International Odissi Festival 2003: Manoranjan Pradhan and Minati Dasgupta perform Kirvani Pallavi
Director: Kelucharan Mohapatra
Duration: 00:13:43; Aspect Ratio: 1.333:1; Hue: 15.965; Saturation: 0.156; Lightness: 0.113; Volume: 0.371; Cuts per Minute: 6.118; Words per Minute: 16.241
Summary: The 2nd International Odissi Festival was organised by IPAP between August 28 - 31, 2003, in Washington D.C. Dedicated to the memory of Guru Pankaj Charan Das, who passed away in June 2003, it brought together Odissi dancers and scholars from all over the world.
Manoranjan Pradhan was trained at the Orissa Dance Academy in India under Guru Gangadhar Pradhan and completed an MA in Odissi dance at Sangeet Mahavidyalaya, Utkal University. A major part of his career has been spent dancing and teaching in Canada, Mexico and the United States. Minati Dasgupta has worked as a teacher at the Odissi Research Centre in Bhubaneswar. She has performed and taught workshops in the Odissi style in India and elsewhere and is an 'A' grade artist certified by the government of Orissa.
Here, Pradhan and Dasgupta perform Kirwani Pallavi. Pallavi literally means blossoming. This is applicable not only to the dance, but also to the music. It is a pure dance item in which a raga is elaborated through eye movements, body postures and intricate footwork. A pallavi starts with slow, graceful & lyrical movements of the eyes, neck, torso, hands and feet. It builds up to a crescendo to climax in an extremely fast tempo. Kirwani Pallavi is set to raga Kirwani and tala jhula.
The piece is performed to live music. The musicians play a long prelude, where each instrument is introduced into the music, finally ending with a tihai on the mardala which is a signal for the dancers to enter.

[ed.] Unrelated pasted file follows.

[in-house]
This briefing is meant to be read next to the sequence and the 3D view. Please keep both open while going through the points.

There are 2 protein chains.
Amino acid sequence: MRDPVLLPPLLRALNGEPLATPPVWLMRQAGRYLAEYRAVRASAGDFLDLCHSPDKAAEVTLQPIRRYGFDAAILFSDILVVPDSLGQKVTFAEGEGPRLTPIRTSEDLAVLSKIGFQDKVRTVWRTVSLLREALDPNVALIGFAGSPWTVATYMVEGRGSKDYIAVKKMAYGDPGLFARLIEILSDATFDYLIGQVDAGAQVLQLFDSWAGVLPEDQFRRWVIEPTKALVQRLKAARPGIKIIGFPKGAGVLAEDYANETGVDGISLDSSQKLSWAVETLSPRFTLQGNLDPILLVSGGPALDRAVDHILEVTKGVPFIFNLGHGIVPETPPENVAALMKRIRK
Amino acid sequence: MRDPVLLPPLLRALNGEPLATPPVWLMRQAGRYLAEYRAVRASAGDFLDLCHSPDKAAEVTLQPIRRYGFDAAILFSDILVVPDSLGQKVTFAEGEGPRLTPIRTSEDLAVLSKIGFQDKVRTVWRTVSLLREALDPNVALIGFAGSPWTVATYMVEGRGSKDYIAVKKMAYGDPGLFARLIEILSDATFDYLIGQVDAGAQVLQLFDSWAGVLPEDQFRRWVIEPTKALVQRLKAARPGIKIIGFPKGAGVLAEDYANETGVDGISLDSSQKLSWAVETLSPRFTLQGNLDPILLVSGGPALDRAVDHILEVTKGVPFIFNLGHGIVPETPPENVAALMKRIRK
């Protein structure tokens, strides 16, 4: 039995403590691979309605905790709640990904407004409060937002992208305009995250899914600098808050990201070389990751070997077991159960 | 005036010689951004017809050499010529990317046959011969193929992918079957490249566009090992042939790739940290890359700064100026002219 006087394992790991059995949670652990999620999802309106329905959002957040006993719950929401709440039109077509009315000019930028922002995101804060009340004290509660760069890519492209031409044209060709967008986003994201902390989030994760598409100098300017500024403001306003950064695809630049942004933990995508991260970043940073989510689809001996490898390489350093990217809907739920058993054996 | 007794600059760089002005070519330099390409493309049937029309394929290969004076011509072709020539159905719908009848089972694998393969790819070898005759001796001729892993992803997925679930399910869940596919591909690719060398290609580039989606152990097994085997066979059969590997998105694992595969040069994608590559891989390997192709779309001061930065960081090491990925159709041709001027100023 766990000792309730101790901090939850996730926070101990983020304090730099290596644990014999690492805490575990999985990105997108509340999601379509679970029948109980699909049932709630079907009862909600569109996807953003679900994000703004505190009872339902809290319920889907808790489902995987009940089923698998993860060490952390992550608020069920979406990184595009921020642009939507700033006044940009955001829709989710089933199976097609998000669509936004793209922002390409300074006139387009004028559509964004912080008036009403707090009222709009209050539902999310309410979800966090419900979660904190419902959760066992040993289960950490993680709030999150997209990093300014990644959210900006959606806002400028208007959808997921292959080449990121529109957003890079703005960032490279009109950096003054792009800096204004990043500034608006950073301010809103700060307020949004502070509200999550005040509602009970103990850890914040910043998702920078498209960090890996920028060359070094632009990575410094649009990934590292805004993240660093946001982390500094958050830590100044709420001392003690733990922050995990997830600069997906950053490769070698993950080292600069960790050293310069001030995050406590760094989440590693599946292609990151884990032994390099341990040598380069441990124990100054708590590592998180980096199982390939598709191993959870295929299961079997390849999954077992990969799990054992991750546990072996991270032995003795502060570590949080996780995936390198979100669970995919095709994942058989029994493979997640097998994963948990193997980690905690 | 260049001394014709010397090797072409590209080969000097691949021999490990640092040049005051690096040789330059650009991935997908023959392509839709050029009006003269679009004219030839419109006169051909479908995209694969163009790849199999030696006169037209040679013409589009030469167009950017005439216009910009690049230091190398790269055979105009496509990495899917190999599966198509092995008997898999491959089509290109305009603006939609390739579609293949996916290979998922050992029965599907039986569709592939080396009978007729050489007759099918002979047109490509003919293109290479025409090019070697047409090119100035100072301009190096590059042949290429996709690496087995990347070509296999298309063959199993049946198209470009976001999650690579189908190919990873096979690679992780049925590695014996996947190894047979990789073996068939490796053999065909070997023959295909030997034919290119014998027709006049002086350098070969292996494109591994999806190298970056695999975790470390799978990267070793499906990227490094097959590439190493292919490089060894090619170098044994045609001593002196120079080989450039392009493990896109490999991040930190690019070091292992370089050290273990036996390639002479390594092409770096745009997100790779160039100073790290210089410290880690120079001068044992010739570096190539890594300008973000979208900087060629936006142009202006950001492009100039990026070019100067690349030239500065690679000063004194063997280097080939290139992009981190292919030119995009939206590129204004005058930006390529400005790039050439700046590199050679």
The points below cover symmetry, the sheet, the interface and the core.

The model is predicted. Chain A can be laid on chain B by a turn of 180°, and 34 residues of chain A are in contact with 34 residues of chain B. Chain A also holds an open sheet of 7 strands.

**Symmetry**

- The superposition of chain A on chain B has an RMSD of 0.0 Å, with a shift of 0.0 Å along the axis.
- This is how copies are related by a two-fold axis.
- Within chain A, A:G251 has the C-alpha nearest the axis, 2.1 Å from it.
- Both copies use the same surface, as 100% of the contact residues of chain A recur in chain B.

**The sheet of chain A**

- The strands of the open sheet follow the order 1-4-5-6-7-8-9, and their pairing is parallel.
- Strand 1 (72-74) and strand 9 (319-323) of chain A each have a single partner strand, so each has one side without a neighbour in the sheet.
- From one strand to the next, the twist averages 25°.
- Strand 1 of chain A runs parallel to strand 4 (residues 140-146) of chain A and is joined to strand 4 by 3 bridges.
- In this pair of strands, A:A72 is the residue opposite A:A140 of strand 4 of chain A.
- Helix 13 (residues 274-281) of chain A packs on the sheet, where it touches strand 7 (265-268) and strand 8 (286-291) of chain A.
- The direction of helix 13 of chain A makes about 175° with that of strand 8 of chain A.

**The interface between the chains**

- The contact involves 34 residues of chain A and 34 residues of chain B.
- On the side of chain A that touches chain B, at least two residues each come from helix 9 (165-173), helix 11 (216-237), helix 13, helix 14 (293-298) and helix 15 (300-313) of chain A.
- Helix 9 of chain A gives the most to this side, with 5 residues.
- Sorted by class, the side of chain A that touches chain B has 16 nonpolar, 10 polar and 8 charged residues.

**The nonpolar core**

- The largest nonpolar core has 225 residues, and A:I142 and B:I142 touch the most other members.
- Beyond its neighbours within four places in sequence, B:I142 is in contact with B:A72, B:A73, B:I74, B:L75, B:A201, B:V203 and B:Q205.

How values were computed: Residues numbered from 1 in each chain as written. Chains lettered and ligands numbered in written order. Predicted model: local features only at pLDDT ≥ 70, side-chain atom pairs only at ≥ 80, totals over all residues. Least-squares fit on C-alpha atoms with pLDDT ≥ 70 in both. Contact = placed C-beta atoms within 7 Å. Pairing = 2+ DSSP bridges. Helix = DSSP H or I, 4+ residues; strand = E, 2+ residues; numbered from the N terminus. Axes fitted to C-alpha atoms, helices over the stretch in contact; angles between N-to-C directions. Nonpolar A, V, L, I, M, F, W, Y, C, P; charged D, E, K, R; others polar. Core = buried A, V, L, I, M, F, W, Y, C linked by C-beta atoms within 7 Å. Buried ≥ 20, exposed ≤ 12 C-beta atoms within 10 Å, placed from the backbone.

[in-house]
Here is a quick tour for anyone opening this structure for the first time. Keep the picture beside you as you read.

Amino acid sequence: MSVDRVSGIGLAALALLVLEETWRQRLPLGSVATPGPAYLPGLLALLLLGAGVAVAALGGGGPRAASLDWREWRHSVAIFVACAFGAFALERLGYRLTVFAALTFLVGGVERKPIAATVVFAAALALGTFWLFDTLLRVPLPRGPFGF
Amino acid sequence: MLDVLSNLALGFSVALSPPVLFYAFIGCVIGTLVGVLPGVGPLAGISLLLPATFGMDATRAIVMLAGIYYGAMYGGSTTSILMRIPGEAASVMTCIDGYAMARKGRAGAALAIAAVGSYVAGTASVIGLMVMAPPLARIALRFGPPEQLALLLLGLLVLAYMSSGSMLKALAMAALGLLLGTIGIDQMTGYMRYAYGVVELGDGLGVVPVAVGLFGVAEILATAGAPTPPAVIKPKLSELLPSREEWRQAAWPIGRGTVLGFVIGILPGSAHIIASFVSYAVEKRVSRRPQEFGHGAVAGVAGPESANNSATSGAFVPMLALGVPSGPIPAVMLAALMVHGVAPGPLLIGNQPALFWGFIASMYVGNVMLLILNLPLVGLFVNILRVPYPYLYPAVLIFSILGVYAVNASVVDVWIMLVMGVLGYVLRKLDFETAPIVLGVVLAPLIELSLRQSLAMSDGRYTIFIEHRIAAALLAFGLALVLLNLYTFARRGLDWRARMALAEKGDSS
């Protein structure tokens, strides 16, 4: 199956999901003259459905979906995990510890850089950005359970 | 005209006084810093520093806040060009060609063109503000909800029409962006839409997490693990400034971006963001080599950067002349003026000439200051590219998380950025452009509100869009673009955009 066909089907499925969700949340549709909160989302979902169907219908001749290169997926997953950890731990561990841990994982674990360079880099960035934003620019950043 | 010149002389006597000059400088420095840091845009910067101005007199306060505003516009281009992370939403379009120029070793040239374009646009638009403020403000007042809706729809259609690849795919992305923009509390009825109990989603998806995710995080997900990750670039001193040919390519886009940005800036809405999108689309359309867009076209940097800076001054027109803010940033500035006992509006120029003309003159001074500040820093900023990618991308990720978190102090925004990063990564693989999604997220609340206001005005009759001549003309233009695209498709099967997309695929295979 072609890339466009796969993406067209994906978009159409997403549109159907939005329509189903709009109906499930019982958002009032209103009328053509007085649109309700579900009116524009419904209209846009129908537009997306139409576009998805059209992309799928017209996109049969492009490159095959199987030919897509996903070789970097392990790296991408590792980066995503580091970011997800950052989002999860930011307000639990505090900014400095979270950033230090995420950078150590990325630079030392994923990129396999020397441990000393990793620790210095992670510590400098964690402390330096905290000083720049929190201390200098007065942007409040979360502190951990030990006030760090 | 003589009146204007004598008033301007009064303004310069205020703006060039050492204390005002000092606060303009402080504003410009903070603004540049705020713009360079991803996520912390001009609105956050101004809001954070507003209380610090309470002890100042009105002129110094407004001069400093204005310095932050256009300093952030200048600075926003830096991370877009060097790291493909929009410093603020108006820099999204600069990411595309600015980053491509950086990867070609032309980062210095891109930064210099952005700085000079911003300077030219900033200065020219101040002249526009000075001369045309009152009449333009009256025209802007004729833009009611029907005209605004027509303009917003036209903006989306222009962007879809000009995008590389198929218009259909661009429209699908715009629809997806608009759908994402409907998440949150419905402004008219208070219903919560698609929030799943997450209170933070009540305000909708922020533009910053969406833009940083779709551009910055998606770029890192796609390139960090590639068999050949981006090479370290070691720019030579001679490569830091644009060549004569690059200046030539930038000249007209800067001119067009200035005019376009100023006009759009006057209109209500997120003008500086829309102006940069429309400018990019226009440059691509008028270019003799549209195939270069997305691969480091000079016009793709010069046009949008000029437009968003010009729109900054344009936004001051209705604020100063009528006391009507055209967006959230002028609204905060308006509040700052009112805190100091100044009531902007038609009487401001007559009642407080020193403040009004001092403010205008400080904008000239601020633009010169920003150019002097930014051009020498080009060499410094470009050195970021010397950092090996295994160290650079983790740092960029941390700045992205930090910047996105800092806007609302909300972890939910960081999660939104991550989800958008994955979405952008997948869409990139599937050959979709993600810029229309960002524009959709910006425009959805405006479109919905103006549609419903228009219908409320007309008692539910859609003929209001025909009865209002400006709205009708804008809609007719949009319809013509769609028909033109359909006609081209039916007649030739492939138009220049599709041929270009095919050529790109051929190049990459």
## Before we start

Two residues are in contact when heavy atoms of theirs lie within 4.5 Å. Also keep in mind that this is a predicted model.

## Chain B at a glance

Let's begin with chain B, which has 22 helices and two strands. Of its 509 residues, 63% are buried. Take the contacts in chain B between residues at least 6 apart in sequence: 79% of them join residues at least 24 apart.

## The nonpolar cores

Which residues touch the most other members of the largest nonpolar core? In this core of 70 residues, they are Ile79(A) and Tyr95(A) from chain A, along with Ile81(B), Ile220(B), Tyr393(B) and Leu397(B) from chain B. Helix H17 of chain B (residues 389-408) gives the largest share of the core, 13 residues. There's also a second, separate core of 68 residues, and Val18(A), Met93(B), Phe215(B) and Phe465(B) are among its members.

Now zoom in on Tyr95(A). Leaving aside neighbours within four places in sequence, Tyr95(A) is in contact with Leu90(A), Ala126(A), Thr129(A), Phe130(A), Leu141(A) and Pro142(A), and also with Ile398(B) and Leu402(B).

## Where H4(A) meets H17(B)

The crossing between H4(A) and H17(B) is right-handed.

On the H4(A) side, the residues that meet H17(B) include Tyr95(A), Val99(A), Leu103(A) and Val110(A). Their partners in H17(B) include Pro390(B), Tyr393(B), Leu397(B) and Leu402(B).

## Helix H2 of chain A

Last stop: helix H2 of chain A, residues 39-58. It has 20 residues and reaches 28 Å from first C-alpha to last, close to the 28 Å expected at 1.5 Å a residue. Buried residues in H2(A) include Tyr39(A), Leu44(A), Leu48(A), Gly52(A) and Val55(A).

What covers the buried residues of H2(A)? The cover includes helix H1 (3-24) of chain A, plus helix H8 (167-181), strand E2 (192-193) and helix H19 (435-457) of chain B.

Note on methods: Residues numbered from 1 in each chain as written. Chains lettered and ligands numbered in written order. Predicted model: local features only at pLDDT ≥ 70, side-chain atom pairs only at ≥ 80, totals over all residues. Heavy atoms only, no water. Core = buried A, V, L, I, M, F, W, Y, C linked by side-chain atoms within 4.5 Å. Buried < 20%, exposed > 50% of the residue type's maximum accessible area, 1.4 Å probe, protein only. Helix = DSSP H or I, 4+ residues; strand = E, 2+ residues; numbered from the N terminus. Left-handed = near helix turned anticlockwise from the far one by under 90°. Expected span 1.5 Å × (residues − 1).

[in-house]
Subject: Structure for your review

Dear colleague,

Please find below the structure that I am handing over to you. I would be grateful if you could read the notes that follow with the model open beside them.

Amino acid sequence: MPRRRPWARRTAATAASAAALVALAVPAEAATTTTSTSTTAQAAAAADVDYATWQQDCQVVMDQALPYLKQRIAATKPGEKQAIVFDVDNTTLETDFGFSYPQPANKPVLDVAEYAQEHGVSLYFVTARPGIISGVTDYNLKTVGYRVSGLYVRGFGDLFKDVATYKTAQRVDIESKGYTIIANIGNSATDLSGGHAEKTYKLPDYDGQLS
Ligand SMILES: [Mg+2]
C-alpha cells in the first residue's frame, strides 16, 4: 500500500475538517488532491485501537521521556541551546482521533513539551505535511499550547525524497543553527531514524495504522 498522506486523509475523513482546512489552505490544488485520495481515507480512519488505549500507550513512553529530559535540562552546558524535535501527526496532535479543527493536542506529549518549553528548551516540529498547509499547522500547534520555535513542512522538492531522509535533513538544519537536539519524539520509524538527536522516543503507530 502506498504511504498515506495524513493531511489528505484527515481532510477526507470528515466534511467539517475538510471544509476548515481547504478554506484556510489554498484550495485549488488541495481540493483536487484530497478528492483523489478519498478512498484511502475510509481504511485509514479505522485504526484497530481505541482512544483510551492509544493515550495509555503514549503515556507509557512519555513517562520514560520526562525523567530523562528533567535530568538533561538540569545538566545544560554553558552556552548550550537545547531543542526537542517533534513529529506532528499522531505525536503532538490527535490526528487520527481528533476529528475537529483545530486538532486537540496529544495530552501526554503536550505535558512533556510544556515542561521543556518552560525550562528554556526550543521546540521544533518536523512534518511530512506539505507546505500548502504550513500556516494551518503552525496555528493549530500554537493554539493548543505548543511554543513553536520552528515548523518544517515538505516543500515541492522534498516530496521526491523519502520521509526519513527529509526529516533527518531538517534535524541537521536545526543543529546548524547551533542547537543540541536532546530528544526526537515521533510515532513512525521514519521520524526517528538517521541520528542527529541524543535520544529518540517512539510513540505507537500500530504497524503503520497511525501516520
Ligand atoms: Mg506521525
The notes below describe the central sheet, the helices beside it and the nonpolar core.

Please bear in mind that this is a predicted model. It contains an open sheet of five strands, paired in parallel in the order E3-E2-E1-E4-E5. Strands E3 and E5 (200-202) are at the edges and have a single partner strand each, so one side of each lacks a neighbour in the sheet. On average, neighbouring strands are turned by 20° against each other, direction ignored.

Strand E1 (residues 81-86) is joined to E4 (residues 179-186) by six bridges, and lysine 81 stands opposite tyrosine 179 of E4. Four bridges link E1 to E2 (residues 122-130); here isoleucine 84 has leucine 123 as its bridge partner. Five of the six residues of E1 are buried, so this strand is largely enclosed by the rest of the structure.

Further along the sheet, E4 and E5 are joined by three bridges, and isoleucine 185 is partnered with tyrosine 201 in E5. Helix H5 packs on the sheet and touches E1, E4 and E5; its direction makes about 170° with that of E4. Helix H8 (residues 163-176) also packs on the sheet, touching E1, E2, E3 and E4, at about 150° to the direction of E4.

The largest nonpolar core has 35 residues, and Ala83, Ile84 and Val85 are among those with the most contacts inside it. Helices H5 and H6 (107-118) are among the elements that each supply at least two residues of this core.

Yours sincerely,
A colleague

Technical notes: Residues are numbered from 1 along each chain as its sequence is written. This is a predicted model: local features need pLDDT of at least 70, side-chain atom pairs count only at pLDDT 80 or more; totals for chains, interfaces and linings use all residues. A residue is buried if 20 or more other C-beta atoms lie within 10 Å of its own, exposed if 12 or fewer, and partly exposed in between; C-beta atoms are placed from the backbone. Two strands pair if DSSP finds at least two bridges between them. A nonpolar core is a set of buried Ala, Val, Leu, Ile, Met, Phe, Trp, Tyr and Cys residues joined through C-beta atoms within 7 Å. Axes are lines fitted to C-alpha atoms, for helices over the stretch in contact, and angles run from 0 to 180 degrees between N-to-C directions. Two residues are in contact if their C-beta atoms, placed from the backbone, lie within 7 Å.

Kelucharan Mohapatra gharana
Manoranjan enters from stage right; Minati from stage left.
Kiti taka dhai dha-tu-na dhini-taka-dhai-dha-ta...
A series of bols played on the mardala.
Ta-ham-ta thei-inda ta-ri ta-jhena
The ukuta is repeated in various tunes with a different emphasis on tala after every set of movements using the right and then the left side of the body.
Mardala: Kiti-taka-dhai dhai dhai ta...
The sthayi ukuta enters a second phase where it accommodates progressively faster movements with a greater emphasis on the beats of the mardala.
[Ta-ham-ta thei-inda (ta-jhena)x3]x2
Ta-ham-ta thei-inda (ta-jham ta ri jhe na ta)x3
(Ta-ham-ta thei-inda ta-ri ta jhena...)x3
The same sthayi ukuta is sung in a different tune.
(Ta-ham-ta thei-inda ta-ri ta jhena...)x5
A small tala interlude between the sthayi and antara. It is also designed to allow the dancer to conserve her strength and allow for a little rest before moving on to another strenuous part of the pallavi.
kukundari jhena tari-taka-jhena
kukundari jhena tari-taka-jhena
kukundari jhena tari-taka-jhena)x3
The tala emphasis varies for each avartan.
[(Ta-jham ta-jhena ta-kundari-jhena)x2
(kukundari jhena tari-taka-jhena)x2] x2
[Ta jhena...ta jhena...
(ta jhena)x3 ]x2
Return to the sthayi, now sung slightly faster because this is the concluding portion of the pallavi.
Ta-ham-ta thei-inda ta-ri ta-jhena...